From the ST archives: New light and lethal Matador does job of two

From the ST archives: New light and lethal Matador does job of two

The Singapore Armed Forces (SAF) and its defence industry partners have achieved a breakthrough with a shoulder-fired rocket that can destroy tanks or bust through brick walls with a single warhead.

The SAF's new single-shot, light anti-tank weapon, called Matador, does a job that normally requires two different types of rocket. Matador's dual-purpose warhead helps the SAF streamline the types of weapon soldiers carry into combat.

Colonel Mark Tan, head of plans at the 9th Singapore Division/Infantry Formation, said Matador's ability to destroy a wider range of battlefield targets means the army can 'choose to give every soldier this weapon in a special environment'.

The public will get a chance to handle Matador - its name stands for 'man-portable anti-tank anti-door and wall' - for the first time after it is unveiled at the Army Open House this morning by Defence Minister Teo Chee Hean.

The short-range weapon was developed by weapons officers from the army, the Defence Science and Technology Agency (DSTA) and Germany-based weapons maker Dynamit Nobel Defence.

Col Tan said Matador is due to replace the Armbrust range of light anti-tank weapons in about two years, when existing stocks are used up.

Matador is the result of the army's worldwide survey of light anti-tank weapons, carried out in 1999, to find a replacement for the Armbrust, or 'crossbow' in German.

On its wish list was a disposable lightweight weapon which can destroy armoured vehicles and penetrate walls, and have a high chance of hitting its target.

No less important was the need for simplicity, so soldiers can be trained to fire one with minimal fuss.

The army also wanted a weapon that can be fired in an enclosed space - a key requirement for urban combat.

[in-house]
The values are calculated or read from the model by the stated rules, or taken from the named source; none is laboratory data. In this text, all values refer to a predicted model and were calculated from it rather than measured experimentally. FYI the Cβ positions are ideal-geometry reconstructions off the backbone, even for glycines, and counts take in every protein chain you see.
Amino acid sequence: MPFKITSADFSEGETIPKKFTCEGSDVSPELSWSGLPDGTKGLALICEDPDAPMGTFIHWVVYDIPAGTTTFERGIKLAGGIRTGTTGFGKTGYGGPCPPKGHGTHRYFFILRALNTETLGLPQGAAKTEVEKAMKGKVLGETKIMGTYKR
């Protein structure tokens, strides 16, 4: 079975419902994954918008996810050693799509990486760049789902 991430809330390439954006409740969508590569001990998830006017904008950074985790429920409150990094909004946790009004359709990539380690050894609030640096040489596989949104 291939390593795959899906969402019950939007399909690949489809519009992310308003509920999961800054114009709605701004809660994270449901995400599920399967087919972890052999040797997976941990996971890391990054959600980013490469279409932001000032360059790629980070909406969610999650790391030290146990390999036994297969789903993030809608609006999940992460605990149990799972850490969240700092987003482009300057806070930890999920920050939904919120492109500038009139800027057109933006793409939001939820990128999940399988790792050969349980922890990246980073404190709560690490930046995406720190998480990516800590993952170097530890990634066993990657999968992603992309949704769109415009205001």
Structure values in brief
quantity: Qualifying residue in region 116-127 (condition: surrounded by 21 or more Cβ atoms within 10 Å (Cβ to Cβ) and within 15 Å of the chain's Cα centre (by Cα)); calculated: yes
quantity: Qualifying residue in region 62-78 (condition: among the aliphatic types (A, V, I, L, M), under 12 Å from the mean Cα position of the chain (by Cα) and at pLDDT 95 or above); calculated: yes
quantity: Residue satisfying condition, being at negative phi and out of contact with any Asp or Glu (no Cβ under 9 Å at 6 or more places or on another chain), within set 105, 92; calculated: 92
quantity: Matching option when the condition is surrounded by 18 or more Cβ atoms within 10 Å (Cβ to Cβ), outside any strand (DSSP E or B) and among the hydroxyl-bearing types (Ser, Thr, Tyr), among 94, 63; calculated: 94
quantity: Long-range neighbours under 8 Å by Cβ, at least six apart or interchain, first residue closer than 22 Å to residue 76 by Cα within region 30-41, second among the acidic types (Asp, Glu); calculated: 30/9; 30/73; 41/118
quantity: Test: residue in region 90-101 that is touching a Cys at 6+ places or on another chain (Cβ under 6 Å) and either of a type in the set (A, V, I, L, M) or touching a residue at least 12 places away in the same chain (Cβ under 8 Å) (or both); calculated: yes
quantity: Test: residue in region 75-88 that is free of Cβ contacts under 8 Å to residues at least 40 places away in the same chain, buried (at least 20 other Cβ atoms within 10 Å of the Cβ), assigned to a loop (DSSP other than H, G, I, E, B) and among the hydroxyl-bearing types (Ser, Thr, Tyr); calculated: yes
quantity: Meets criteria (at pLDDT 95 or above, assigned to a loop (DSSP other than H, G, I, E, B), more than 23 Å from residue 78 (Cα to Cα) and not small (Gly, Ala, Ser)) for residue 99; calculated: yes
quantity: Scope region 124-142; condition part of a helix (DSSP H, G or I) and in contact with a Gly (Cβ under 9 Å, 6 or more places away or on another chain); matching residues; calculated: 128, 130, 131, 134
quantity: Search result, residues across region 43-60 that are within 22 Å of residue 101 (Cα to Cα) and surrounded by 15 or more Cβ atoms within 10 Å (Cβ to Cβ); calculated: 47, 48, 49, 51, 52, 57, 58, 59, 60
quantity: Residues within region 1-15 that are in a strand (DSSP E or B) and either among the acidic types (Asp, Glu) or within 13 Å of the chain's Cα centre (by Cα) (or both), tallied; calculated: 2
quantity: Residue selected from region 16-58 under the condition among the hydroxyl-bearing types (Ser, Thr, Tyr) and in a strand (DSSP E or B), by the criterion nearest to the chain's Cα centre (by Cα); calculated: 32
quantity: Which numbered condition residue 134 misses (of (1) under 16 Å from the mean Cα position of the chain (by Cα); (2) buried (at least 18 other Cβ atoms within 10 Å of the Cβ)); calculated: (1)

Col Tan said the SAF's experience with the Armbrust - developed in Germany and made in Singapore since 1988 - demonstrated the value of arming soldiers with an anti-armour weapon that can be fired in an enclosed space.

However, the warhead in Armbrust rockets is designed to kill only lightly armoured vehicles.

Mr See Wee Young, who led the DSTA Matador programme team, said trials of the weapon were extensive. He noted that more than 1,000 rockets were fired to finetune the weapon's design and validate its performance during trials held from 2001 to this year.

Early test versions showed the rocket could penetrate brick walls at a range no closer than 50m, but this was not good enough for the army.

'Fifty metres was not suitable because we can't fire at a wall across the road,' said Major Terry Tan, a 9th Division weapons officer who helped develop Matador.

So Mr See and engineers from the German company went back to the drawing board. He said: 'It took us a lot of testing to ensure a soldier will not be harmed when the rocket is fired at a target 20m away and detonates.'

The secret of Matador's dual-purpose capability lies in a probe at the tip of the warhead. This is pulled out for armoured targets so the warhead acts like an explosive jet on impact, allowing it to penetrate armour.

The probe is not extended for softer targets, such as brick walls.

However, the effects are just as devastating with either type of target.

Said Mr See: 'The hole is big enough for a soldier to step through.

'It doesn't just create a hole. It also has a lethal effect on anyone behind the wall.'

This article was first published on Sept 4, 2004.
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